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Alistair Pagnamenta  Dianne Newbury
Pagnamenta.jpg DianeNewburyDSC_0353002.JPG

 

Learning Outcomes:

By the end of this module you will be able to:

1.  Discuss the human genome structure and the properties of DNA 

2.  Critique genome architecture and its variation across human populations 

3.  Critically evaluate the regulation of gene expression, transcription and translation 

4.  Appraise and interpret variation in genome structure and sequence in the context of physiological function and disease 

5.  Discuss and analyse epigenetic modifications and imprinting and its role in disease 

6.  Correlate genetic markers to phenotype and interpret output of association studies both for dichotomous and quantitative traits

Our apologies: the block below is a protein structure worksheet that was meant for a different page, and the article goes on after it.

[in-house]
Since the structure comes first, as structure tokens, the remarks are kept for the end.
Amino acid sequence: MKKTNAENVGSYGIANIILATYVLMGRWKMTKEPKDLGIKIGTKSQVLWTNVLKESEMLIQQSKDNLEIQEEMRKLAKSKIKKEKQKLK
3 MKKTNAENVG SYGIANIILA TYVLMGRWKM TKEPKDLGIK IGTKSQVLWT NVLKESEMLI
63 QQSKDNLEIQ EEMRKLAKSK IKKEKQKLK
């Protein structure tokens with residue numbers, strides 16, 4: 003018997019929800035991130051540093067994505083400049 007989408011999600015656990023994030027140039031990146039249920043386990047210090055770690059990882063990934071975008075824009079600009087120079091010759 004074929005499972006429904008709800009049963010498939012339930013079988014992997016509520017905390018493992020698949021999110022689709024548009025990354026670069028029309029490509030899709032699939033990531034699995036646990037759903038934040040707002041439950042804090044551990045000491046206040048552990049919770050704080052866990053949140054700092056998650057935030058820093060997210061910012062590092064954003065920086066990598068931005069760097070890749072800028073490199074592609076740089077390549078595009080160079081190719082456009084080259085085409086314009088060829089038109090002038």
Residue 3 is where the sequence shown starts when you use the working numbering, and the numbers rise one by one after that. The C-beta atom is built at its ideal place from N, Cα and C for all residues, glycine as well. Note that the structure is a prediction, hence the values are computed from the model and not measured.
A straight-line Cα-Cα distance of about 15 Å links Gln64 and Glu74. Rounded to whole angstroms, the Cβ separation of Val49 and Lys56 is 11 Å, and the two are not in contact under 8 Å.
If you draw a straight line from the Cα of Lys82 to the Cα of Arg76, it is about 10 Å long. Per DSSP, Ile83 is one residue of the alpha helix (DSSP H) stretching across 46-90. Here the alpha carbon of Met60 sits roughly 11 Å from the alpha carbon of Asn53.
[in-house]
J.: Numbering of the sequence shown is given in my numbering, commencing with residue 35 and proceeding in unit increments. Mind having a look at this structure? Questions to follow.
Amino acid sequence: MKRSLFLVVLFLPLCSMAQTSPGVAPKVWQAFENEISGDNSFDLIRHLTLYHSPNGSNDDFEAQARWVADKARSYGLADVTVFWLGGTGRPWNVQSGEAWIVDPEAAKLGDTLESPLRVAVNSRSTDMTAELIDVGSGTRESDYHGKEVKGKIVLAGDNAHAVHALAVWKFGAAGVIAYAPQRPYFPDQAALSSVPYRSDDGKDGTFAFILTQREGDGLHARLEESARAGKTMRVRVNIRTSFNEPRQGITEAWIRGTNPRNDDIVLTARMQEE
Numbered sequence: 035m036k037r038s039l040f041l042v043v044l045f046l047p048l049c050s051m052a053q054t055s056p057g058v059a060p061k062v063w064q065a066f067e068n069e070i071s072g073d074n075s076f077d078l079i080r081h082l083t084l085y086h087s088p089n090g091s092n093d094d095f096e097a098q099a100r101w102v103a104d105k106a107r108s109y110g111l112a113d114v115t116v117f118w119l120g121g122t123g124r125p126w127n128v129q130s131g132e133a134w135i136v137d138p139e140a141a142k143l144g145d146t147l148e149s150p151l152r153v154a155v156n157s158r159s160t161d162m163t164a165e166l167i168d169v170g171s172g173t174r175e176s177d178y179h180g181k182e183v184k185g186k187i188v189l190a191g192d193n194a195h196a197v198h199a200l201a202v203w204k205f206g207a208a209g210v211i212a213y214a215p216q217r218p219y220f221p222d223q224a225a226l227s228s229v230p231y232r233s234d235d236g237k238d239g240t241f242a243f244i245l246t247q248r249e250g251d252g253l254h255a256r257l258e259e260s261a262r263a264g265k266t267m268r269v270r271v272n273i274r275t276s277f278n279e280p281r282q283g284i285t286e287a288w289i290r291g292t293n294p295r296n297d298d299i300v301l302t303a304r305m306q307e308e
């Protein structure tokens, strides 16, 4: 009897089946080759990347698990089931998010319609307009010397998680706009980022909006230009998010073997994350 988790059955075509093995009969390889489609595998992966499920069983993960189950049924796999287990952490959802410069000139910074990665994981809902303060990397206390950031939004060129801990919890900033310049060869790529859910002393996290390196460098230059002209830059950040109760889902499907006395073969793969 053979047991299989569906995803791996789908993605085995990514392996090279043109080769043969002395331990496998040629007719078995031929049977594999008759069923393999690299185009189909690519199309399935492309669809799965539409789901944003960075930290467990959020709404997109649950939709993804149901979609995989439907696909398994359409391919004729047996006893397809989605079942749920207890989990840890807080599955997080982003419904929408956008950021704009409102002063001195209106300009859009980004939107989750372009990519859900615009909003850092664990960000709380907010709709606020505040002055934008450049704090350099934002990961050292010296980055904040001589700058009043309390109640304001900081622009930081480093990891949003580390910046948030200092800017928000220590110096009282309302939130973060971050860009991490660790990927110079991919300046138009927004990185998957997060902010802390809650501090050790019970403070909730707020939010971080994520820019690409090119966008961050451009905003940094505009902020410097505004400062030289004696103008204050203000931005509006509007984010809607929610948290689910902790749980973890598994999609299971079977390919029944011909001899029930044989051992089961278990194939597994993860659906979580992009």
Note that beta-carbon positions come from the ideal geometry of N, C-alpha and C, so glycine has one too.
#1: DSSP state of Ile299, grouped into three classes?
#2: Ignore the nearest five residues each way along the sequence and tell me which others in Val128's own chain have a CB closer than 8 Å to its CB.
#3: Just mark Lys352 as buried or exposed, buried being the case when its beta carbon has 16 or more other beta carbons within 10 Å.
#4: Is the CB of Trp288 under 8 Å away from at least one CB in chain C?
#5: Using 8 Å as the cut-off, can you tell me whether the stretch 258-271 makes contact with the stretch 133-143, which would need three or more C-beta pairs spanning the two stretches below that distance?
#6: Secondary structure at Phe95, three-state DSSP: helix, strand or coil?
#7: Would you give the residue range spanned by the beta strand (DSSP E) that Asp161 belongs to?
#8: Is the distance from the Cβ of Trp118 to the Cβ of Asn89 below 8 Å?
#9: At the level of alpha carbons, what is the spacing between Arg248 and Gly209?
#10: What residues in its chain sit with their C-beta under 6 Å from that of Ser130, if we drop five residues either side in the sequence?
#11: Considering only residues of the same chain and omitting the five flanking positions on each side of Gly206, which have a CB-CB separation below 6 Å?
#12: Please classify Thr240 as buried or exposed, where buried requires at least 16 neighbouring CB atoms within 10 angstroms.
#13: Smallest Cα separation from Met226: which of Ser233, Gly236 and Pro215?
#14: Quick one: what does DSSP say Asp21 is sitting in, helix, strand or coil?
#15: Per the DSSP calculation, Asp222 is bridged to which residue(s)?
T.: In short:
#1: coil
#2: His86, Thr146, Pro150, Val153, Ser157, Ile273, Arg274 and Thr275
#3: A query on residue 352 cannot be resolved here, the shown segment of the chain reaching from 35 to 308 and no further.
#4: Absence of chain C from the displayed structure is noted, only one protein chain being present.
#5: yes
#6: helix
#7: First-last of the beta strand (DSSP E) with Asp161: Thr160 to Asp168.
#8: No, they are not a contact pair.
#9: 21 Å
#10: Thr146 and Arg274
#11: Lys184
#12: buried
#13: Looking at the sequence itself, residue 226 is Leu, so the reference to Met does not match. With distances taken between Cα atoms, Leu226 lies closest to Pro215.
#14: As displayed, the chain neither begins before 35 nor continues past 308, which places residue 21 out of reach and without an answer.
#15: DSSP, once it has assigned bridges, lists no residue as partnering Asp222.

7.  Understand the specifics of cancer genomics including the concepts of subclonality and clonal evolution, cancer predisposition, DNA damage response and signaling pathways

Indicative Content:

  • Architecture of the human genome and genetic variation within it 
  • DNA sequence variation, type and frequency e.g. single nucleotide variants, small insertions and deletions, copy number variation, rearrangements and tandem repeats 
  • How variation arises and its extent in populations (e.g. 1000 Genomes) 
  • Gene regulation: enhancers, promoters, transcription factors, silencers 
  • Epigenetics and imprinting 
  • Mutational mechanisms: how different types of DNA variants affect gene function or expression to cause disease; correlation of genotype with phenotype 
  • Concepts of heterogeneity and pleiotropy 
  • Modes of inheritance for clinical manifestation of human variation